In Task 6, Elizabeth Anderson wonders why within our supposedly liberal commonwealths of rights, we have in some cases carved out these rather large areas, inside the boundaries of which violence in the form of coercion is seen as legitimate; namely our jobs. Why would anyone freely agree to a situation where employment contracts are allowed to create islands of dictatorship and hence violence within supposedly liberal societies?

If the legitimation of authority and the tension between freedom and equality are the red threads that we’ve tried to make visible running through the course, then violence is the shadow cast over claims of legitimate authority, universal equality, and freedom.      

This brings us up to Task 7. 

Task 7 is about revolutionary violence in the post-colonial context. It’s about the violence that occurred in the liberation struggles of colonized peoples. The specific context is French colonization of Africa, but it applies anywhere where peoples have been colonized, especially when they have been colonized in the name of universal civilizing ideals. If Wollstonecraft argued that revolutionary violence could be a legitimate means for acquiring natural rights, then the claim that Frantz Fanon makes is even stronger. The violence of the anti-colonial had the power to remake colonized people, the allow them to reform themselves as human beings, in a fashion that the colonizers had refused them.

Franz Fanon

Fanon, our main author for Task 7, was a philosopher, anti-colonial, and a psychiatrist. He was heavily involved in the struggle for Algerian independence from French rule. These three streams of analysis come together in his writing. He diagnoses colonialism as a kind of psychological illness or diagnoses the pathologies of his patients as symptoms of colonialism. Violence, in some cases, can be like a therapy.

Fanon does not glorify violence. He’s fully aware of its horrors. But he does not ignore it either. Nor does he think it something that must be avoided at all costs; Fanon takes on the presupposition of liberal philosophy that politics is a way out of violence and demonstrates the hypocrisy of supposed liberal political thinking when it comes to the colonized world. As he writes in the conclusion to The Wretched of the Earth: “Let us leave this Europe which never stops talking of man, yet massacres him at every step […] For centuries Europe has brought the progress of other men to a halt and enslaved them for its own purposes and glory; for centuries it has stifled virtually the whole of humanity in the name of a so-called ‘spiritual adventure.’ […] And yet nobody can deny its achievements at home.”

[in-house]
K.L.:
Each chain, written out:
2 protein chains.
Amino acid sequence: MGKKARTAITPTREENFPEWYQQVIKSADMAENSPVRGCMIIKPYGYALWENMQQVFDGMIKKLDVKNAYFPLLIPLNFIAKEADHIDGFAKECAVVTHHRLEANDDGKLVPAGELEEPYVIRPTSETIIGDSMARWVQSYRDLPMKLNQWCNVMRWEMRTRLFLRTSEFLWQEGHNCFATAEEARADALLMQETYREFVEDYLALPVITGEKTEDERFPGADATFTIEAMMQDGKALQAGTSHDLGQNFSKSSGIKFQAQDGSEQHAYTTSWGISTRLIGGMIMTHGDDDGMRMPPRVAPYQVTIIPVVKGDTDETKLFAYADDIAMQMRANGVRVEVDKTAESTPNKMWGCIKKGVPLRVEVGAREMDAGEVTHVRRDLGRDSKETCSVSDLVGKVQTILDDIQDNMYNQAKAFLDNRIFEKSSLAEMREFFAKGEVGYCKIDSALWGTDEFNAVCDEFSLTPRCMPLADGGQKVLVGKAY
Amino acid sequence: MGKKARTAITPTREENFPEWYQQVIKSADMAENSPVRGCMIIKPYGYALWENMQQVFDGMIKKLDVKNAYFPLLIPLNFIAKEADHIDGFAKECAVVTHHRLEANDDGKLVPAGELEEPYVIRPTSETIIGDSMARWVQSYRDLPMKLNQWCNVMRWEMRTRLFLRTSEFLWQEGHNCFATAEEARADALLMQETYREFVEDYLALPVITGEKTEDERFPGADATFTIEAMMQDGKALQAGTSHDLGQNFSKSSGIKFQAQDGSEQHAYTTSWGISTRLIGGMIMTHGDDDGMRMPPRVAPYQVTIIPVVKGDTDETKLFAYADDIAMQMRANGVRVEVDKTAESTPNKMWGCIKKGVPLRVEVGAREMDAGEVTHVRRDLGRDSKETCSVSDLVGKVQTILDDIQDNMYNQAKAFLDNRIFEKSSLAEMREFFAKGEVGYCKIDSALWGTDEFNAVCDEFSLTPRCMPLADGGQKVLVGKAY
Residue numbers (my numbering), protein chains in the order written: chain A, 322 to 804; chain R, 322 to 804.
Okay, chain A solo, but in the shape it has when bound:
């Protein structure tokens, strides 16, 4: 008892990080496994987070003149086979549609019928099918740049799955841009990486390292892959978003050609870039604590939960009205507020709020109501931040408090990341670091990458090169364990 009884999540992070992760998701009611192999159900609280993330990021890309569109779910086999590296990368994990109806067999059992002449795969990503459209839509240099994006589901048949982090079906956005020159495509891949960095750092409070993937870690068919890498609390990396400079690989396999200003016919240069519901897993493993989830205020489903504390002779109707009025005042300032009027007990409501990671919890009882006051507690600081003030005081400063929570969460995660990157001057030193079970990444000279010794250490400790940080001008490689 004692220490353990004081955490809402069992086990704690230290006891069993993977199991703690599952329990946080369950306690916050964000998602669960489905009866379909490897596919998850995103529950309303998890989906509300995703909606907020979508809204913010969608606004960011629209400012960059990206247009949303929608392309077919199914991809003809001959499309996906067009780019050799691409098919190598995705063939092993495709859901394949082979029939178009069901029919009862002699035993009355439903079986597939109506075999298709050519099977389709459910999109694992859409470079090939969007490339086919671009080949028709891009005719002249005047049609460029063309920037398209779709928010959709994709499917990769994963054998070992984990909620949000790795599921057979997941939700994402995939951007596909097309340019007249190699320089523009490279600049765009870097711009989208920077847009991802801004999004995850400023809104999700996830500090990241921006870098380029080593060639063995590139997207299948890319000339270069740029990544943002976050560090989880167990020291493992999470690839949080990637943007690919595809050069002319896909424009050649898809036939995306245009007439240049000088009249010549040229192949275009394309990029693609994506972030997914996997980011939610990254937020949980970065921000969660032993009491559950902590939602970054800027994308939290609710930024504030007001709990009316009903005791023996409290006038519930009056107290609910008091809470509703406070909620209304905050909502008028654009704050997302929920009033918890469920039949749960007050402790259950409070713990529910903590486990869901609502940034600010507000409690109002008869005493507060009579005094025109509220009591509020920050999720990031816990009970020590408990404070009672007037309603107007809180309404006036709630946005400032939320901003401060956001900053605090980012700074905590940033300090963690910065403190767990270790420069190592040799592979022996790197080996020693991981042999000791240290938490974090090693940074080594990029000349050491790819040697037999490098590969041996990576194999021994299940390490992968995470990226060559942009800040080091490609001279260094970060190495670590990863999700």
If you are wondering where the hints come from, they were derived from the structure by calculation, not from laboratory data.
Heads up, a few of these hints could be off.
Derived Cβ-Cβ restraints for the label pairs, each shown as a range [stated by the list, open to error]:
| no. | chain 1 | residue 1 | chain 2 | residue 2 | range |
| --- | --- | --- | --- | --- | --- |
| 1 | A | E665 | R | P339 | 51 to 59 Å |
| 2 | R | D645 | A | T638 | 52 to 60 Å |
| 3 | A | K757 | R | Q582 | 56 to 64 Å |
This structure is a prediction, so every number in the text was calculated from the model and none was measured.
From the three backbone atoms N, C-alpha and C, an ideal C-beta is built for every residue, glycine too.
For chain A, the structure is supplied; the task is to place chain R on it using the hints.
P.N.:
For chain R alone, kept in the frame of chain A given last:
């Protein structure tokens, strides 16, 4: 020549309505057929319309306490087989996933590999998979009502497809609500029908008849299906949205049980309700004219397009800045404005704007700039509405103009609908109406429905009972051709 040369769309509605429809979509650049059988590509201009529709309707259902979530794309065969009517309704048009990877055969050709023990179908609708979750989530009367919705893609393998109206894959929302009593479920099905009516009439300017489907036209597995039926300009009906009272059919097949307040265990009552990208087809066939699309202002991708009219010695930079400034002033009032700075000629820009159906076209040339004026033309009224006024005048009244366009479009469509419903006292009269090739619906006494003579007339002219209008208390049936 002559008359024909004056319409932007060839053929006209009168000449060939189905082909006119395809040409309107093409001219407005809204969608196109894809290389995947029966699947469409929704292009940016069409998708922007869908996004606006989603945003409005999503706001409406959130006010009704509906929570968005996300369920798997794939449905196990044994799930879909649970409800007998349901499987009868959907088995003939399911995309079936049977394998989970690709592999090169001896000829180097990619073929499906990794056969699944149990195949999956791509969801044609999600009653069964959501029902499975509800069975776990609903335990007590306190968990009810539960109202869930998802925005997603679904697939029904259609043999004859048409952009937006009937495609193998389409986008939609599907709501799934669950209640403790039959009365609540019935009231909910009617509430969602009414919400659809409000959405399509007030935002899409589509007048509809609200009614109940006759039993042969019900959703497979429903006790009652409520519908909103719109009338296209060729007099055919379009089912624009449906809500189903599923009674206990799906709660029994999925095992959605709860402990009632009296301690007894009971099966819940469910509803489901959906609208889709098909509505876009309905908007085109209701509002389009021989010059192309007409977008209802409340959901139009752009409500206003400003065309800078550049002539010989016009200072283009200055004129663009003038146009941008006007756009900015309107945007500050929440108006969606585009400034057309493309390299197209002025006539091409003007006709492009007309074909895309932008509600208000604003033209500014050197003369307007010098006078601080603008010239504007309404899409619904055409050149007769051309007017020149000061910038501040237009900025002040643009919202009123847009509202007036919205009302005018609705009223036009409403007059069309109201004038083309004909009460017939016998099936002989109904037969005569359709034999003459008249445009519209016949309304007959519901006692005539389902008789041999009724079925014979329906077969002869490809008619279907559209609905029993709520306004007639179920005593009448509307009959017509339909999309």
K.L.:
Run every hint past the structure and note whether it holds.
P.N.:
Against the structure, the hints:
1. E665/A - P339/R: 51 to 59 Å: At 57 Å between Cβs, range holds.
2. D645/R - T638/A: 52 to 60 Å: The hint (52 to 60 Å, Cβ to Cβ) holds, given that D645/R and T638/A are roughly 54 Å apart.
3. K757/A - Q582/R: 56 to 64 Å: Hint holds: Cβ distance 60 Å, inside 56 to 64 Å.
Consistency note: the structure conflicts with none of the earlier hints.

Our task is to try to understand Fanon’s approach to violence; does he legitimize it? Under what circumstances might violence be political in the most fundamental sense, i.e. transformative of the humans being who wield it or are victims of it. Fanon is of course not a liberal in the traditional sense of the other (modern) philosophers that we have studied, but his aims are also not divorced from the aims of early liberal like Wollstonecraft: he seeks the conditions under which people who have been denied their humanity can finally achieve it.

We have a youtube playlist to help you in your reading of Fanon and understanding of the context:  

Task 7 sets us up for our final task of the course: the debate task. Building on all that we have read we’ll examine and debate the other side of the question of violence: the border.

Who has the right to exclude another from membership in the commonwealth (nation or state governed by the people), and under what conditions could exclusion possibly be justified? You will be split into three debate groups (per tutorial group). One group will argue for the absolute right of a state to exclude others; a second group will take a more nuanced view arguing that while there are some limitations, states can exercise some jurisdiction in deciding who has a right to join or become a member; a third position will argue that the whole concept of a border that can be used to exclude has no justification. There are no good grounds for exclusion.     

We will provide you with additional resources to make these arguments.  These include some traditionally grounded “liberal” arguments for and against the right to exclude, but also an attempt by the contemporary philosopher Achille Mbembe to think the whole idea of a border in a different way, one that is foreign to liberal philosophy, but finds its grounding in African philosophy.

Reading Fanon will be unlike reading the other authors in the course. This makes it more challenging, but it can also be a joyful shock to read his arguments and the style with which he mixes philosophy, psychiatry, history, politics and polemic. Please also take the time to watch the videos we’ve selected. They should help.

If you want to get a more in-depth understanding of the background of Fanon’s thinking, you can listen to this: